part of a seller. Moreover, “genuine” (out of pocket) losses on
the side of the purchaser (losses in the sense of the prospect
theory), or price increases for example, are perceived as a
more serious vitiation of price fairness than an equally large
revocation of opportunistic profits (the elimination of a bonus
program, for example).
The concept of just procedure (procedural fairness) looks at
the process underlying and leading to the eventual returns.
Fair dealings are consistent, unprejudiced and non-partisan;
they represent the interests of all partners, and are based upon
accurate and careful information as well as upon ethical
standards (cf. Leventhal et al., 1980, p. 223f). In cases of
The current issue and full text archive of this journal is available at
This model and text were published first in Diller, H.J. (2000), Preispolitik,
Kohlhammer et al., Stuttgart, pp. 183-8 (4th edition 2007). Reprinted
with permission of the author from Preispolitik, by Hermann Diller.
Translated by Susan Hecker Ray, Professor of German, Fordham
Journal of Product & Brand Management
17/5 (2008) 353– 355
q Emerald Group Publishing Limited [ISSN 1061-0421]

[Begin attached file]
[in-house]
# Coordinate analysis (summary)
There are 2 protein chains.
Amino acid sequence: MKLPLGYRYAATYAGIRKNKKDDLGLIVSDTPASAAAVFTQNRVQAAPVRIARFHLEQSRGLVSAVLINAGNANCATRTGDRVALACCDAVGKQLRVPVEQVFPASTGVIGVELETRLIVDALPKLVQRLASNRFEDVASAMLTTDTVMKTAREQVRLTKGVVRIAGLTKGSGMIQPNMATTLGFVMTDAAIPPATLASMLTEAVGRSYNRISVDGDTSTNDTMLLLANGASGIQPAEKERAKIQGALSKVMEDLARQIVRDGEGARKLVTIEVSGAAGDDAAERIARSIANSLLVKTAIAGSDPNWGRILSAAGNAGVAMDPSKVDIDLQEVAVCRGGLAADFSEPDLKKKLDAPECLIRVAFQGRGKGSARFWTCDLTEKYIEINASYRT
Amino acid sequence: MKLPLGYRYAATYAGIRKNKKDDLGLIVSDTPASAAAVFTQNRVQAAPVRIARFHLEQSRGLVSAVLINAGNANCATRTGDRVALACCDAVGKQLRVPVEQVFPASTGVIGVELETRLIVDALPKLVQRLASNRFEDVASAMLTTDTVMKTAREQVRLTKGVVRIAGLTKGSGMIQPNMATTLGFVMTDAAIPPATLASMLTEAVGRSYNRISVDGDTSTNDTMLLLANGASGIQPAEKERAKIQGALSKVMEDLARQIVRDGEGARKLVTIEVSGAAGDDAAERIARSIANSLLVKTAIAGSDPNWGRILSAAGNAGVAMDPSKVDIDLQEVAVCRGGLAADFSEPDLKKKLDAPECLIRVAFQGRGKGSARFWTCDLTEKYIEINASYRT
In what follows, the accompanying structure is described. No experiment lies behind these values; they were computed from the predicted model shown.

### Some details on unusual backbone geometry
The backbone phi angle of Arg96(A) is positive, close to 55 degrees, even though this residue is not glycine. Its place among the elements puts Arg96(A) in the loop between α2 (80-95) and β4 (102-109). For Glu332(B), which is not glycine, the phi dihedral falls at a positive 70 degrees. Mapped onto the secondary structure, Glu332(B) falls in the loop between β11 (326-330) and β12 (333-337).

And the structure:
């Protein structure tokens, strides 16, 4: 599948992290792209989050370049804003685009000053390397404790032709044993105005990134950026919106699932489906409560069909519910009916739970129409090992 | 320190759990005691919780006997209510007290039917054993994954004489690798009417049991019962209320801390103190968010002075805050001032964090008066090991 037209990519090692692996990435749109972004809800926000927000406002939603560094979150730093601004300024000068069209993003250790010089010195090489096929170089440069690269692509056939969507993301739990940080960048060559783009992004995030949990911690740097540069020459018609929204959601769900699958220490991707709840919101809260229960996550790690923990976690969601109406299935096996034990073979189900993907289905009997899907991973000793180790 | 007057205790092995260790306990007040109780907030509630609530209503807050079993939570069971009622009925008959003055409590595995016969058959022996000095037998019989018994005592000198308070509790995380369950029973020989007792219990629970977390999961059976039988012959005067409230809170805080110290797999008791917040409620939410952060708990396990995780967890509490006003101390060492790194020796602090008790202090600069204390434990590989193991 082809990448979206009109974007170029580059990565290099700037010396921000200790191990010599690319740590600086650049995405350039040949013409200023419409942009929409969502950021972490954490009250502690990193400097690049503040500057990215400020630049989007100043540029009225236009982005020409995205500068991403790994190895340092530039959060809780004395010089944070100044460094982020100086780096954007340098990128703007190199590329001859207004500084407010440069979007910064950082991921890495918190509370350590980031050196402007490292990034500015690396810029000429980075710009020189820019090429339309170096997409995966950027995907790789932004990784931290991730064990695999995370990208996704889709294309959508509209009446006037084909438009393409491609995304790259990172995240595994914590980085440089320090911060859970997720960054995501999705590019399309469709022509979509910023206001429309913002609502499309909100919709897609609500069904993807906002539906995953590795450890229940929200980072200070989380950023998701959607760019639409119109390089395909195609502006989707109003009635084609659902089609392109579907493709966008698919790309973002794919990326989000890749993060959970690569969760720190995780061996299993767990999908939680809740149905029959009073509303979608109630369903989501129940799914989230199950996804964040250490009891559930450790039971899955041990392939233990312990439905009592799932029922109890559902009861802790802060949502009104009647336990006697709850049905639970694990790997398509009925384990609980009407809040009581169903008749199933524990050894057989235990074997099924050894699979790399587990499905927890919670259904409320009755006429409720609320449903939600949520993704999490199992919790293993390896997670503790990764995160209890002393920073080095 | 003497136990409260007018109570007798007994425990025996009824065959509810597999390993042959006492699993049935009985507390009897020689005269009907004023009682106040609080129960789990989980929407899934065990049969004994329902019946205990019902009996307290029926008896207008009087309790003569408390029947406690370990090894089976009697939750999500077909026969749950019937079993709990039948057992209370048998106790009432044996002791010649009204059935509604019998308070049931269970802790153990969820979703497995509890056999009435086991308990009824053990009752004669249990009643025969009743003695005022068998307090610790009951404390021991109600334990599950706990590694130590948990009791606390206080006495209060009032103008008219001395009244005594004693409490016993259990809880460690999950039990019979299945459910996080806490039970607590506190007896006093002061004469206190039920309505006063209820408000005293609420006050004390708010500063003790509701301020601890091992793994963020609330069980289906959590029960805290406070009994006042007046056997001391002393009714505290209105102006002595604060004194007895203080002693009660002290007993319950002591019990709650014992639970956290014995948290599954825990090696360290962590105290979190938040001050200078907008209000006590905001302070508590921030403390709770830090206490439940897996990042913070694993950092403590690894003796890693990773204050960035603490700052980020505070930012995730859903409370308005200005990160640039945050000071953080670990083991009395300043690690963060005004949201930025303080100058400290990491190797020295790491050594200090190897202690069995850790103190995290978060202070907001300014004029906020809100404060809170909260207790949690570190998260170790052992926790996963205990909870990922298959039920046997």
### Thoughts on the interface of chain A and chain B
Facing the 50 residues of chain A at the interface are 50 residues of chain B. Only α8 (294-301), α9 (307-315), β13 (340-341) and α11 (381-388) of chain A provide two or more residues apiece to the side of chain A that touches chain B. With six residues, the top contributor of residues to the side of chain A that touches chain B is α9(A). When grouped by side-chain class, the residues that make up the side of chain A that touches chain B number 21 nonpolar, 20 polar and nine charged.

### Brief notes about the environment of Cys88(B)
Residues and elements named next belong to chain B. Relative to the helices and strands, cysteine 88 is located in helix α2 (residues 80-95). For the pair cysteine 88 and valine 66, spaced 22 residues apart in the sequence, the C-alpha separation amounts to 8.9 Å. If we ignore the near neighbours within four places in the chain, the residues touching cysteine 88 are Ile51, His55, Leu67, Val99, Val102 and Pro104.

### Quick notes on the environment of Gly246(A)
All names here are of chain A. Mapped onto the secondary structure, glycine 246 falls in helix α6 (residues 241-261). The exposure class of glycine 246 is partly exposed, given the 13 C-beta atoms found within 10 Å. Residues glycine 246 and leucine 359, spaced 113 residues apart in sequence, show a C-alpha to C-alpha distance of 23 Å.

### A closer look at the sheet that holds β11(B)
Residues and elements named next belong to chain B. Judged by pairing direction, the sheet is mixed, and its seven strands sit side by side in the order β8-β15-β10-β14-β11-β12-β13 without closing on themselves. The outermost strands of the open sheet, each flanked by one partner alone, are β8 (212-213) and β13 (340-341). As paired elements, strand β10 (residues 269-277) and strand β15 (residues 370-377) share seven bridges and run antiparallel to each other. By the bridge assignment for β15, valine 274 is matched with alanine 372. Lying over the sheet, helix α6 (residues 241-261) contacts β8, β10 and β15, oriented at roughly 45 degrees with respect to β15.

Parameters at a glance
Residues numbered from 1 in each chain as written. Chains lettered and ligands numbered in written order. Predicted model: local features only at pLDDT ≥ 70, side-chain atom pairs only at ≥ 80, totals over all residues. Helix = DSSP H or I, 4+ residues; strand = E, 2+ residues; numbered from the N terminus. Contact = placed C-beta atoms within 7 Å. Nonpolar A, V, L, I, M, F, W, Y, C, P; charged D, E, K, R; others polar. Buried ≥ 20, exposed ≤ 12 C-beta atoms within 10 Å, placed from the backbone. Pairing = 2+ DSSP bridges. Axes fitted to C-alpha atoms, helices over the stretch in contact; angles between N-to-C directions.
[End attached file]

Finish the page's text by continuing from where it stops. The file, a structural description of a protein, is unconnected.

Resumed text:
[DOI 10.1108/10610420810896103]
Price fairness
Journal of Product & Brand Management
Herman Diller
Volume 17 · Number 5 · 2008 · 353 –355
doubt a good reputation on the part of the seller has a positive
effect on the perception of fairness, which only underscores
the significance of a corresponding image policy (Campbell,
1999; Diller, 1997b). One occasionally cited thesis is very
interesting in this context; namely the thesis that procedural
fairness is more important for the perception of fairness than
is the concept of just distribution (or distribution fairness). If
each partner is given an equal chance, as far as procedure is
concerned, to acquire that which is his/her due, the return is
acknowledged even if it does not turn out to be in conformity
with just distribution. Announcements of price increases are
considered fair in so far as the buyer is offered the opportunity
of stockpiling at the old prices. Price auctions, on the other
hand, are likely to be considered unfair, because, in contrast
to the market price, they tend to serve the seller alone